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Praxis Protest

post #1 of 5
Thread Starter 


I am 6’1”, 175 pounds. I used to say that I was a level 8 skier, but some days when the conditions are hard and icy, I think that I’m closer to level 3; however I am a very good powder skier and these are powder skis that I’ve skied on powder days. I ski 50+ days a season in Utah, mostly at Alta and sometimes at Solitude. Keep in mind that most of my skiing is done off-piste and I mostly view groomers as a way to get back to the lift. I am a regular recreational skier who learned to ski on cross-country skis and in the backcountry and I have been skiing for 30 years. My resort downhill skis are: Stöckli XLs, 184cm; Elan Apex, 177cm; Stöckli DP Pro, 193 cm; Liberty Hazmat, 181 cm; Elan 1010, 183 cm; Praxis Protest, 188 cm.


Info from the Praxis website [http://www.praxisskis.com/shop/buy-skis.html]:


Length                  188 mm

Tip                        132 mm

Front                    137 mm

Mid                       130 mm

Rear                      131 mm

Tail                        124 mm

Flex                        6

Molding               extra rock recurve


“Tabke signature model was developed based on the proven concepts of our full reverse sidecut Powderboards. Trying to keep as much of the Powderboards excellent features, we set out to make a more all purpose use powder ski. The ‘Protest’ has a very similar shape in both the tips and tails as the Powderboards. There is an almost unnoticeable transition from the reverse sidecut tip and tail to the subtle sidecut underfoot. The ‘Protest’ sidecut and minor camber in the underfoot area improves performance when traversing, skinning, or riding the groomer back to the lift. The reverse sidecut and rocker tip and tail make for an exception powder ski. The ‘Protest’ has the ability to surf and slarve the mountain and still functions really well in a variety of conditions. Carve up a groomer or slarve a fresh powder line. Whether Drew is conquering a backcountry mountain, skiing in a comp or enjoying a resort day this ski is ready to ride.”




2010 Praxis Protest, 188 cm mounted with 2011 Salomon STH 12 ski bindings. [I think I finally settled on mounting the bindings 1 cm behind the marked boot center line.]


These are a great powder tool and they ski very differently than my Elan 1010s. They are not a one-ski quiver. I took them to a variety of places to answer these questions:


  1. How much powder do they need to shine?
  2. How are they on the steeps?
  3. How much powder is too much?
  4. How are they on the traverse?
  5. How are they when hiking in the resort?
  6. How do they do in crud?
  7. How do they handle groomers?
  8. How do they handle bumps?
  9. How do they handle hard snow?
  10. How are they when skating on relatively flat ground?


This review is from skiing the Protests on multiple days at Alta and Solitude. Conditions on these days have been anywhere from 4 inches to 2 feet + of powder. These skis are made for big powder days and I only skied them on the 4-inch day to see how they handled that type of condition. I updated this after Sunday’s 25-inch day at Solitude.


1. How much powder do they need to shine? After skiing them in conditions from 4 inches up to over 2 feet, they clearly do better the more powder there is on the slopes. A more traditional ski like the Elan 1010 is better for a skier like me in conditions where there is up to a foot of powder. The 1010 cuts through the snow while the Protest is designed to ride on top. The 1010 accepts traditional technique and lets you weight and unweight turns, and for its size is relatively quick from edge to edge. It also allows you to make jump turns in a chute. The Protest is made to surf and slarve powder. I can’t even conceive of trying to make a jump turn on these boards and if they have an edge, that’s news to me. The key though is that they don’t need an edge and there’s no reason to make a jump turn on these skis. They are made to keep the bases flat on the snow and they turn quickly and reliably with little conscious input. I wouldn’t hesitate to take them out when there’s at least 6 inches of powder. Less than that and while you can still use them, the reality is that they are made for far deeper conditions and skiing them in less powder is more of a chore and less precise than I would like. I will still use my 1010s when there’s up to a foot or so of powder, but if I know that the forecast is for more snow, then I will choose that day on which ski to bring. Once there’s 18 inches or more powder, then the Protest is the ski that I will use and I’ll have a big smile on my face while riding them.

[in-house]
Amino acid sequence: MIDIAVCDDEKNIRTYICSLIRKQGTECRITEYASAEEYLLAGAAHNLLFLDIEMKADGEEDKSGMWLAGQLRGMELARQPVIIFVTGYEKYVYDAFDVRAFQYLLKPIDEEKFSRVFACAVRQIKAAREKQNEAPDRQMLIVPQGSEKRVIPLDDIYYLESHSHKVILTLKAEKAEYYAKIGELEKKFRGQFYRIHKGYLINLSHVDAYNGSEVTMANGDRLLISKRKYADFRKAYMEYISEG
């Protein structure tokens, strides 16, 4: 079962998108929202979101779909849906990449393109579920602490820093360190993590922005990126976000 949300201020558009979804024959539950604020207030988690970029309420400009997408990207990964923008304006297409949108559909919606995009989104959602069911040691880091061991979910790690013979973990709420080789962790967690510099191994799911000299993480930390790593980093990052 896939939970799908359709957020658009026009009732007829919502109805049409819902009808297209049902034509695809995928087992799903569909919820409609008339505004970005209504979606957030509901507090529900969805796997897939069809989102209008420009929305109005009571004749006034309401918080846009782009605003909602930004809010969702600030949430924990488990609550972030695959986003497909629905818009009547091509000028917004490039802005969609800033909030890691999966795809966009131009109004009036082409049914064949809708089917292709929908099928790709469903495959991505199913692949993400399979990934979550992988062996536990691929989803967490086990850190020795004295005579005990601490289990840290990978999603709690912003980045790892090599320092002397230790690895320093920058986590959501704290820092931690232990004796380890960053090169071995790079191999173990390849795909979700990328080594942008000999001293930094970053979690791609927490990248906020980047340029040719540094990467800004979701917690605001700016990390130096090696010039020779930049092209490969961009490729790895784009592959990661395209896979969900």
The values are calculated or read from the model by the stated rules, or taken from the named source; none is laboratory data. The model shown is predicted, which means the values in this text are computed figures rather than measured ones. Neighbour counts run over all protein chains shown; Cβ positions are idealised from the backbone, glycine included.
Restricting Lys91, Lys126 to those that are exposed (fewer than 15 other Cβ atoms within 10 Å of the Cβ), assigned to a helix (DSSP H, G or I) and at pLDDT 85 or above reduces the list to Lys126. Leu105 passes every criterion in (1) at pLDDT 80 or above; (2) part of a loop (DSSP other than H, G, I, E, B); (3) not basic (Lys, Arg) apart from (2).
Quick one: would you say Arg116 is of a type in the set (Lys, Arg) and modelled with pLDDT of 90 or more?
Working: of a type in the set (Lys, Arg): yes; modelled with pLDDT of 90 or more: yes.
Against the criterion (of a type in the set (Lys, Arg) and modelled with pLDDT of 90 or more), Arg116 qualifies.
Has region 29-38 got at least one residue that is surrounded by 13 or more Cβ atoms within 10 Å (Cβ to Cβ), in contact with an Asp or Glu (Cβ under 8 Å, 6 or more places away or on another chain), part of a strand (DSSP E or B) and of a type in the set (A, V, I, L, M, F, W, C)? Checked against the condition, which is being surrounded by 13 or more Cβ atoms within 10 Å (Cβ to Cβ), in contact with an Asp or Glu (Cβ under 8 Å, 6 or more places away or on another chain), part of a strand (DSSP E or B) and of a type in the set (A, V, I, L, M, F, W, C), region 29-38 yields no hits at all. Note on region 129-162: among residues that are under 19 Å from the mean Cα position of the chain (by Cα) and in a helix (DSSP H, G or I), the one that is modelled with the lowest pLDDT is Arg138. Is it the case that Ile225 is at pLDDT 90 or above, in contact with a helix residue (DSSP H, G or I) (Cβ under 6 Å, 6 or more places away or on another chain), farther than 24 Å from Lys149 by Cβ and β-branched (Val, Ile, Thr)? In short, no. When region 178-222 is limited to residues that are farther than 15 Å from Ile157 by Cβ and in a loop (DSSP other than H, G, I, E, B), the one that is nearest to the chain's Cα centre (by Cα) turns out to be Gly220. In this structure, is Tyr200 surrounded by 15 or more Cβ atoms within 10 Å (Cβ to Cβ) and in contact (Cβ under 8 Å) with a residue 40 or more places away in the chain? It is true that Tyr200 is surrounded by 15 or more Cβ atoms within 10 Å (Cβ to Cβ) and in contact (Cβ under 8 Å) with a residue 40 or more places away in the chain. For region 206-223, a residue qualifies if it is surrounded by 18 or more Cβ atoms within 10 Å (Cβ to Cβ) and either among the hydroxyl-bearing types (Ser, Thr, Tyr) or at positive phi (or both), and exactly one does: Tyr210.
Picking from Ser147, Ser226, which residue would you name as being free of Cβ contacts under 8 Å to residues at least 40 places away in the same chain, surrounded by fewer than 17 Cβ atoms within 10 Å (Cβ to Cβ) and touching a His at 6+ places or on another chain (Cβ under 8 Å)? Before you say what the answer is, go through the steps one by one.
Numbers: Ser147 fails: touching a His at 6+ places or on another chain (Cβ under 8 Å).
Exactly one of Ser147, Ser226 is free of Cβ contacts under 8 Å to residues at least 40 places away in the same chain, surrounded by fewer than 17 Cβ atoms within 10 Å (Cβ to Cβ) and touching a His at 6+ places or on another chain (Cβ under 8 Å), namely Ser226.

2. How are they on the steeps?Great. At Solitude I took them through the gates and down steep stuff like Parachute and Middle Slope, through the steep trees on Navarone and Here Be Dragons, and down through the cliff bands that the map shows as the closed area near the top of Summit lift. The Protest turns quickly and with whatever size turn that I want. They literally turn without any significant input—just decide where you want to turn and turn there no matter how steep, how bumpy, how anything. They ride over almost anything and after getting air, land without a hitch and keep on slarving down the hill. They ride so smoothly and well that you really don’t have to turn until and unless you think that you’re going too fast.


3. How much powder is too much?I had these in spots where the powder was over knee high and they handled it without a problem. The snow through many of these areas was deep enough for face shots even while riding this 130 mm ski and they did everything I wanted them to do. I’m looking forward to even bigger powder days and trying to find out how much powder is too much. I don’t think I’ll find that there is any depth of powder that the Protests can’t handle.


4. How are they on the traverse?Okay. Once you go through the gate by the ski patrol hut at the top of Powder horn lift and turn right, there is a bit of a traverse along the ridgeline, especially if you’re going over the next ridge into the “closed” bowl. Then more traversing to get farther along above the cliff band towards Summit lift. The Protest does okay when the snow is soft, but they felt a little skittery when the snow was hard and made me consider a couple of times if I wanted to proceed above the cliff band to get to that powdery chute by Summit. At Alta, High T is fine when the snow is soft, but when cutting through along some icy, wind-blown slopes to Stonecrusher, they held okay, but I wasn’t as confident of them as I really want to be.